30 years of Linux

August 25th, 1991

That’s right, it’s been 30 years since 21-year-old Finnish student Linus Benedict Torvalds made his now-famous announcement on the day of August 25th, 1991, on the comp.os.minix news group, saying that he is working on a free operating system for 386(486) AT clones as a “hobby.”





  1. Tomi Engdahl says:

    Wow! Torvalds Modified Fedora Linux to Run on his Apple M2 Macbook
    Ankush Das
    Ankush Das
    Sep 15, 2022
    3 min
    Linus Torvalds made Fedora Linux Workstation 36 work with Apple Macbook Air M2. Nice!


  2. Tomi Engdahl says:

    Heads up: Intel Laptop Users Should Avoid Linux kernel v5.19.12 to Avoid Damaging the Display
    https://lore.kernel.org/all/[email protected]/

  3. Tomi Engdahl says:

    Linus Torvalds to kernel devs: Grow up and stop pulling all-nighters just before deadline
    Release candidate one for Linux 6.1 has appeared

  4. Tomi Engdahl says:

    The Linux Kernel May Finally Phase Out Intel i486 CPU Support

    Linus Torvalds has backed the idea of possibly removing Intel 486 (i486) processor support from the Linux kernel.

    After the Linux kernel dropped i386 support a decade ago, i486 has been the minimum x86 processor support for the mainline Linux kernel. This latest attempt to kill off i486 support ultimately arose from Linus Torvalds himself with expressing the idea of possible requiring x86 32-bit CPUs with “cmpxchg8b” support, which would mean Pentium CPUs and later

  5. Tomi Engdahl says:

    Laugh all you want. There will be a year of the Linux desktop
    But, it won’t play out the way you think it will

    It has become a running joke. “20xx will be the year of the Linux desktop.” The punchline is, of course, it will never happen. But the real jape is that there will soon be a year of the Linux desktop. It’s just not going to happen the way Linux fanboi have believed it will.

    The Linux desktop dream has been that companies and people will realize that the Linux desktop is simply better than Windows. Part of the hope is true. The Linux desktop is better than Windows.

    Really. For starters, the Linux desktop is far more secure than Windows. I mean, sure, Linux has security problems. What doesn’t? But Microsoft has a monthly security mea culpa day: Patch Tuesday.

  6. Tomi Engdahl says:

    Red Hat Enterprise Linux 9: Security baked in
    The newest RHEL moves beyond servers and the datacenter to the edge and multicloud.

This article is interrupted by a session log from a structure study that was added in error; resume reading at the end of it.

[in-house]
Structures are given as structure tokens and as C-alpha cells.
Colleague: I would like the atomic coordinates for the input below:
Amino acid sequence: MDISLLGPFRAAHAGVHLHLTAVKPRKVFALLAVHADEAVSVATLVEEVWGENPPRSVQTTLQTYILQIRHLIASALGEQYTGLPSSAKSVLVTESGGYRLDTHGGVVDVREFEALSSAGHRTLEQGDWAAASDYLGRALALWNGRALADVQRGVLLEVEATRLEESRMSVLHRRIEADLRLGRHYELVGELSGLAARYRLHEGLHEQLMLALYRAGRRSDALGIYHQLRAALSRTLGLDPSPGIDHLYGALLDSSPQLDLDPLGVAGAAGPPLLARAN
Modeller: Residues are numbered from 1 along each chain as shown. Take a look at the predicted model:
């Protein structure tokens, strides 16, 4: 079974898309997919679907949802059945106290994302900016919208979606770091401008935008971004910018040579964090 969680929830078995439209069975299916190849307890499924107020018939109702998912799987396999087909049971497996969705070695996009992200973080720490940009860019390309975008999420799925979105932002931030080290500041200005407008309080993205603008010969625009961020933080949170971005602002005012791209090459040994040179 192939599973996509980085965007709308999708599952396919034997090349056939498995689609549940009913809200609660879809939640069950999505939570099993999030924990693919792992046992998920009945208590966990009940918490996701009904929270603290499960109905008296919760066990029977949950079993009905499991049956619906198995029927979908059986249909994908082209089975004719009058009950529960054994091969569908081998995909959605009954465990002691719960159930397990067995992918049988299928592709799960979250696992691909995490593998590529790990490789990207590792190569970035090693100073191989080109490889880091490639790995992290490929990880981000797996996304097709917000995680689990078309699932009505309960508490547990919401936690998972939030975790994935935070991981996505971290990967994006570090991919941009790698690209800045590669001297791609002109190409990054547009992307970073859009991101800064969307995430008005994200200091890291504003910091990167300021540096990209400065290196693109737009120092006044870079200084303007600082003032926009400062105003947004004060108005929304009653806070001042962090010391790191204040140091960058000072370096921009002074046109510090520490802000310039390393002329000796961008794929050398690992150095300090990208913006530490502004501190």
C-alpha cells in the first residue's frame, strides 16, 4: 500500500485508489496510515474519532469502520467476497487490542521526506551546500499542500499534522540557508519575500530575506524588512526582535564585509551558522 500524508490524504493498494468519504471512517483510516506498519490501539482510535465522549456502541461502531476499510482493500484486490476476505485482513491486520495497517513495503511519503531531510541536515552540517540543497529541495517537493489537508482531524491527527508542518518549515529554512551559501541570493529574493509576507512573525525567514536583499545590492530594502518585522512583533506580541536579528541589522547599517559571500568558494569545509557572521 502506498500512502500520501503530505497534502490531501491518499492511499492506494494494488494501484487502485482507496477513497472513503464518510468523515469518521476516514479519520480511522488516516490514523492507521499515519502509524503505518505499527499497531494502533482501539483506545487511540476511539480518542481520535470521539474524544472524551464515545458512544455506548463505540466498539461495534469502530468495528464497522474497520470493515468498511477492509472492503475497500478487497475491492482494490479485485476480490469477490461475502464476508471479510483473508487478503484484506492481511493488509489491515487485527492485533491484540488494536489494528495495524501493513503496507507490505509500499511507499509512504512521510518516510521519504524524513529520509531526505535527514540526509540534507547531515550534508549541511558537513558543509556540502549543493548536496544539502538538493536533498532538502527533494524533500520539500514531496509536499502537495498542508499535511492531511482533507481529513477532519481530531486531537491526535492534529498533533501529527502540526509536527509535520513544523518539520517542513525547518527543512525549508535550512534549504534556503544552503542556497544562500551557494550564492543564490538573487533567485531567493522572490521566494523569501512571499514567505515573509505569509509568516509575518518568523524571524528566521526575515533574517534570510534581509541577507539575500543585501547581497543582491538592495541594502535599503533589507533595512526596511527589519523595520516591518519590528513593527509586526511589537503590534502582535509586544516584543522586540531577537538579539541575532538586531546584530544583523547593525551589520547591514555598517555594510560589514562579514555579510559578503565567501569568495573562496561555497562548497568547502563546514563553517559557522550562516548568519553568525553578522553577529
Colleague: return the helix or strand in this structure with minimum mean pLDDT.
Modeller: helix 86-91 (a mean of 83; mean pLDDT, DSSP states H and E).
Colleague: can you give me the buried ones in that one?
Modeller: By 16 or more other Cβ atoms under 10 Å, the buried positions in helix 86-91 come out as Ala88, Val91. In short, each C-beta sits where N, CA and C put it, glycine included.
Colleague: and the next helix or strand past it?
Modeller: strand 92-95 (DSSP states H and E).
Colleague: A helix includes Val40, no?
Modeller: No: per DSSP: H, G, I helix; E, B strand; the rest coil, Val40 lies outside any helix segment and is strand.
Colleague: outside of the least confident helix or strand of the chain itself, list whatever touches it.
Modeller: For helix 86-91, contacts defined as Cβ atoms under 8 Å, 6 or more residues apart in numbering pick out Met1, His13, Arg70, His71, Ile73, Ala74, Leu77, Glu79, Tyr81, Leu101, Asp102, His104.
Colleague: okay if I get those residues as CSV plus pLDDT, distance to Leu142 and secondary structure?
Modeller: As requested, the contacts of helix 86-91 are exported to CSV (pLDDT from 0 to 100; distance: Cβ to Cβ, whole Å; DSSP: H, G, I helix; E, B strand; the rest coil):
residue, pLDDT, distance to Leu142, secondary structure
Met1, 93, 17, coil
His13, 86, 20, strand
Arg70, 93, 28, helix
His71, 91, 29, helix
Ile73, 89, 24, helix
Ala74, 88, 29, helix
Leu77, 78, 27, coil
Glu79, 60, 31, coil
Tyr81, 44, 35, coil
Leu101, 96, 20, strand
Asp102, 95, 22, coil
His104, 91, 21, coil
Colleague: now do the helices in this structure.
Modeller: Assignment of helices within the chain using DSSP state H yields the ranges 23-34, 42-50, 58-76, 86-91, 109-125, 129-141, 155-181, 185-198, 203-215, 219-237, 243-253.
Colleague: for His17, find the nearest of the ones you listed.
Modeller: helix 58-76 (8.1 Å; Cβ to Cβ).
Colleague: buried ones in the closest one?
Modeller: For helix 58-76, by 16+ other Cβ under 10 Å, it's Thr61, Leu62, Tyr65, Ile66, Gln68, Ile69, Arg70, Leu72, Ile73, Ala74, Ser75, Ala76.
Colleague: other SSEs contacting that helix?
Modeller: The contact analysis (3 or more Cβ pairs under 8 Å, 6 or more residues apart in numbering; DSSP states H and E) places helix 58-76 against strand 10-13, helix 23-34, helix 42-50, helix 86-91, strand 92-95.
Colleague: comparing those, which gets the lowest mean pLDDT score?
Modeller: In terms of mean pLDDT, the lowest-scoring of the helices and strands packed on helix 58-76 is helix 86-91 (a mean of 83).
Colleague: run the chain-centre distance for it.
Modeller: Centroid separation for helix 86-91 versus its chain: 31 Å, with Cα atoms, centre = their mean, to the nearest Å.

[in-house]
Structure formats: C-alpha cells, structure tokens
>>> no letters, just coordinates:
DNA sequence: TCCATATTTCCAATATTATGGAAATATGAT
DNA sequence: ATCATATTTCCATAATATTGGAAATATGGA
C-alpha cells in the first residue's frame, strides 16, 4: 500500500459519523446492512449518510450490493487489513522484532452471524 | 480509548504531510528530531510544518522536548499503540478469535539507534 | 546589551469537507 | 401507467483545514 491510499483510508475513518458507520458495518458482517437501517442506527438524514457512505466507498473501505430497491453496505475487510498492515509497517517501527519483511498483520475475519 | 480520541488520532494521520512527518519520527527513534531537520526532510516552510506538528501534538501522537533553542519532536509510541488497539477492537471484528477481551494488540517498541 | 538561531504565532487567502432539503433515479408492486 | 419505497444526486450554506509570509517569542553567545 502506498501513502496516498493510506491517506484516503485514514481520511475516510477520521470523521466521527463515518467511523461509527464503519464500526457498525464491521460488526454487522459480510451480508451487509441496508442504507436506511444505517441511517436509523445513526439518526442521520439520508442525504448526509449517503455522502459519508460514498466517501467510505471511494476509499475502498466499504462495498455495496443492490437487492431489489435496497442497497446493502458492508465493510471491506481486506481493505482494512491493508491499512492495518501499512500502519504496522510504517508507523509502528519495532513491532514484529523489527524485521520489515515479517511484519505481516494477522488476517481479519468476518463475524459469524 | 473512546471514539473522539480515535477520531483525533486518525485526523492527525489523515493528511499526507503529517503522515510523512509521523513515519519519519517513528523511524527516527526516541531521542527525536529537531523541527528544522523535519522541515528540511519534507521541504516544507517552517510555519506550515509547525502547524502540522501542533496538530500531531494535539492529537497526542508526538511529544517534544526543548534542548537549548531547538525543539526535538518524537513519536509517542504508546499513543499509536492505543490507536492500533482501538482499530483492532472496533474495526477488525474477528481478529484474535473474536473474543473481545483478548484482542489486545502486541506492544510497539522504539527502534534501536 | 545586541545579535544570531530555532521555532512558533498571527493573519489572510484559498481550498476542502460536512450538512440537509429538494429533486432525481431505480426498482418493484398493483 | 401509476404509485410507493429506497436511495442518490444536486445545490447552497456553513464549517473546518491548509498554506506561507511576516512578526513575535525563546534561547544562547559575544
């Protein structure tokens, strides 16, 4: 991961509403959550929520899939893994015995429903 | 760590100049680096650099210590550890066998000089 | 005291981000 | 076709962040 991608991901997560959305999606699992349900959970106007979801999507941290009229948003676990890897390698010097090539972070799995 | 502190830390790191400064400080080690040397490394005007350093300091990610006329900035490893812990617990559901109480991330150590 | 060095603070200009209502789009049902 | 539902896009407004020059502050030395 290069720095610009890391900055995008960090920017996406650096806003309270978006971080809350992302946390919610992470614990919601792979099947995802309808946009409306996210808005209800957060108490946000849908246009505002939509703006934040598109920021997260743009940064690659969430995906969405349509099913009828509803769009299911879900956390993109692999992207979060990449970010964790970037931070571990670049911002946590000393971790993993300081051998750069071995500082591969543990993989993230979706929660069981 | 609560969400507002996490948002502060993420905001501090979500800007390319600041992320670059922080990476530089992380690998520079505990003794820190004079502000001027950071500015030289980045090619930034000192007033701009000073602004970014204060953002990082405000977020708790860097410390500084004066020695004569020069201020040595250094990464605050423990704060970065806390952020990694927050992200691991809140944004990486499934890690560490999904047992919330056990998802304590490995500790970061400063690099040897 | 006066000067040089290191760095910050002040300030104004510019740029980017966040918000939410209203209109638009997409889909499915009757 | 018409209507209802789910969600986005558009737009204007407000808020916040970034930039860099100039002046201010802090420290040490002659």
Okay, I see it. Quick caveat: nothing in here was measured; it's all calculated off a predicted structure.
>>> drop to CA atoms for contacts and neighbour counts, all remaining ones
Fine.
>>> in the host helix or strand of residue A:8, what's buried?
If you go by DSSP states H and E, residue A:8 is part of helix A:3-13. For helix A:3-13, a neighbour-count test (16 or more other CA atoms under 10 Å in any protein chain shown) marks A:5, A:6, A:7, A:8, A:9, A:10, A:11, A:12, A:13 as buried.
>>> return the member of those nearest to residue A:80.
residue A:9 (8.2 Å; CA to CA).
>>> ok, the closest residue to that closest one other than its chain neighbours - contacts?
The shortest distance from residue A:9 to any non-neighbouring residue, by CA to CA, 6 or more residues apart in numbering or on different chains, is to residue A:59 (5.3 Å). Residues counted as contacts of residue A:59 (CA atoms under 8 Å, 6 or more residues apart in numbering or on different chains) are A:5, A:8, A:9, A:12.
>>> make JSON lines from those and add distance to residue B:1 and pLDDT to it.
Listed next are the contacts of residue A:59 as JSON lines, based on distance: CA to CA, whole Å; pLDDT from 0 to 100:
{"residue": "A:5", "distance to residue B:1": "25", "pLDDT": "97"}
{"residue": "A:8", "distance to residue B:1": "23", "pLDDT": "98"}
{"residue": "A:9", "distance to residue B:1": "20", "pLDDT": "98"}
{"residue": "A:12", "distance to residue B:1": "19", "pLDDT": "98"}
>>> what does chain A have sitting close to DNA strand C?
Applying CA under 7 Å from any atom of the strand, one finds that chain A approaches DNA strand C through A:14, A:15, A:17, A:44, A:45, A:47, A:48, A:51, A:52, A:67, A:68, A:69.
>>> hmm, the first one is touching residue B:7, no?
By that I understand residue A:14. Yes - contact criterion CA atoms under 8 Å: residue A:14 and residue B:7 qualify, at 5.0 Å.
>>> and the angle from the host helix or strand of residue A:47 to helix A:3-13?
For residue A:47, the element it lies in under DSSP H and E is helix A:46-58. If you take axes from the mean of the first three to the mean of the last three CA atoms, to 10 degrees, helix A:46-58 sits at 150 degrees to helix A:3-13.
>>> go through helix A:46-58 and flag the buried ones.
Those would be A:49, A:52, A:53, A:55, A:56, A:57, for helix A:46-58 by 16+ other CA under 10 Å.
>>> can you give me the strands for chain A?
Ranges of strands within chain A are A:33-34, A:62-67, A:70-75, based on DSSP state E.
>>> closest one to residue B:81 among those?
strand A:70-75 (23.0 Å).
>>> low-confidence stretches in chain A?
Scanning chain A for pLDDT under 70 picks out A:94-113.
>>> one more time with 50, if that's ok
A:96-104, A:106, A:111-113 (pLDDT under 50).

RHEL 9 Customers want better security, and Red Hat will deliver it. Beyond the usual RHEL hardening, testing, and vulnerability scanning, RHEL 9 incorporates features that help address hardware-level security vulnerabilities like Spectre and Meltdown. This includes capabilities to help user-space processes create memory areas that are inaccessible to potentially malicious code. The platform provides readiness for customer security requirements as well, supporting PCI-DSS, HIPAA, and more.

    Specific security features:

    Smart Card authentication: Users can make use of smart card authentication to access remote hosts through the RHEL web console (Sudo, SSH, etc.).

    Additional security profiles: You can improve your security intelligence gathering and remediation services such as Red Hat Insights and Red Hat Satellite with security standards such as PCI-DSS and HIPAA.

    Detailed SSSD logging: SSSD, the enterprise single-sign-on framework, now includes more details for event logging. This includes time to complete tasks, errors, authentication flow, and more. New search capabilities also enable you to analyze performance and configuration issues.

    Integrated OpenSSL 3: It supports the new OpenSSL 3 cryptographic frameworks. RHEL’s built-in utilities have been recompiled to utilize OpenSSL 3.

    SSH root password login disabled by default: Yes, I know you ssh into your server with root passwords all the time. But it’s never been a smart idea. By default, RHEL won’t let you do this. Yes, this is annoying, but it’s even more annoying to hackers trying to log in as `root` using brute force password attacks. All-in-all, this is a win in my book.

    In this release, Red Hat also introduces Integrity Measurement Architecture (IMA) digital hashes and signatures. With IMA, users can verify the integrity of the operating system with digital signatures and hashes. With this, you can detect rogue infrastructure modifications, so you can stop system compromises in their tracks.

    AlmaLinux 9 Now Available!

    Hello Community! The AlmaLinux OS Foundation is proud to announce general availability of AlmaLinux OS 9.0. AlmaLinux 9 supports the following 4 architectures providing full parity with upstream:

    Intel/AMD (x86_64)

    ARM64 (aarch64)

    IBM PowerPC (ppc64le)

    IBM Z (s390x)

  7. Tomi Engdahl says:

    Unix vs Linux: The history of how Unix started and influenced Linux
    Many of the commands in 1972′s Unix 2nd edition are still used in today’s Linux. Learn how Unix started and how it’s changed over time.

  8. Tomi Engdahl says:

    The Land Before Linux: Let’s talk about the Unix desktops
    It takes more than open source, it takes open standards and consensus

  9. Tomi Engdahl says:

    On this day in 1992, marked a watershed moment in computing history when Linus Torvalds released version 0.12 of the Linux kernel. This release introduced the GNU General Public License, paving the way for widespread adoption and collaboration.
    Today, Linux powers billions of devices worldwide, from supercomputers to Android smartphones, cementing its legacy as a technological cornerstone.
    Linux was my red pill into the world of software development; its open-source nature ignited a curiosity that fueled countless hours of exploration, ultimately shaping my passion for code.



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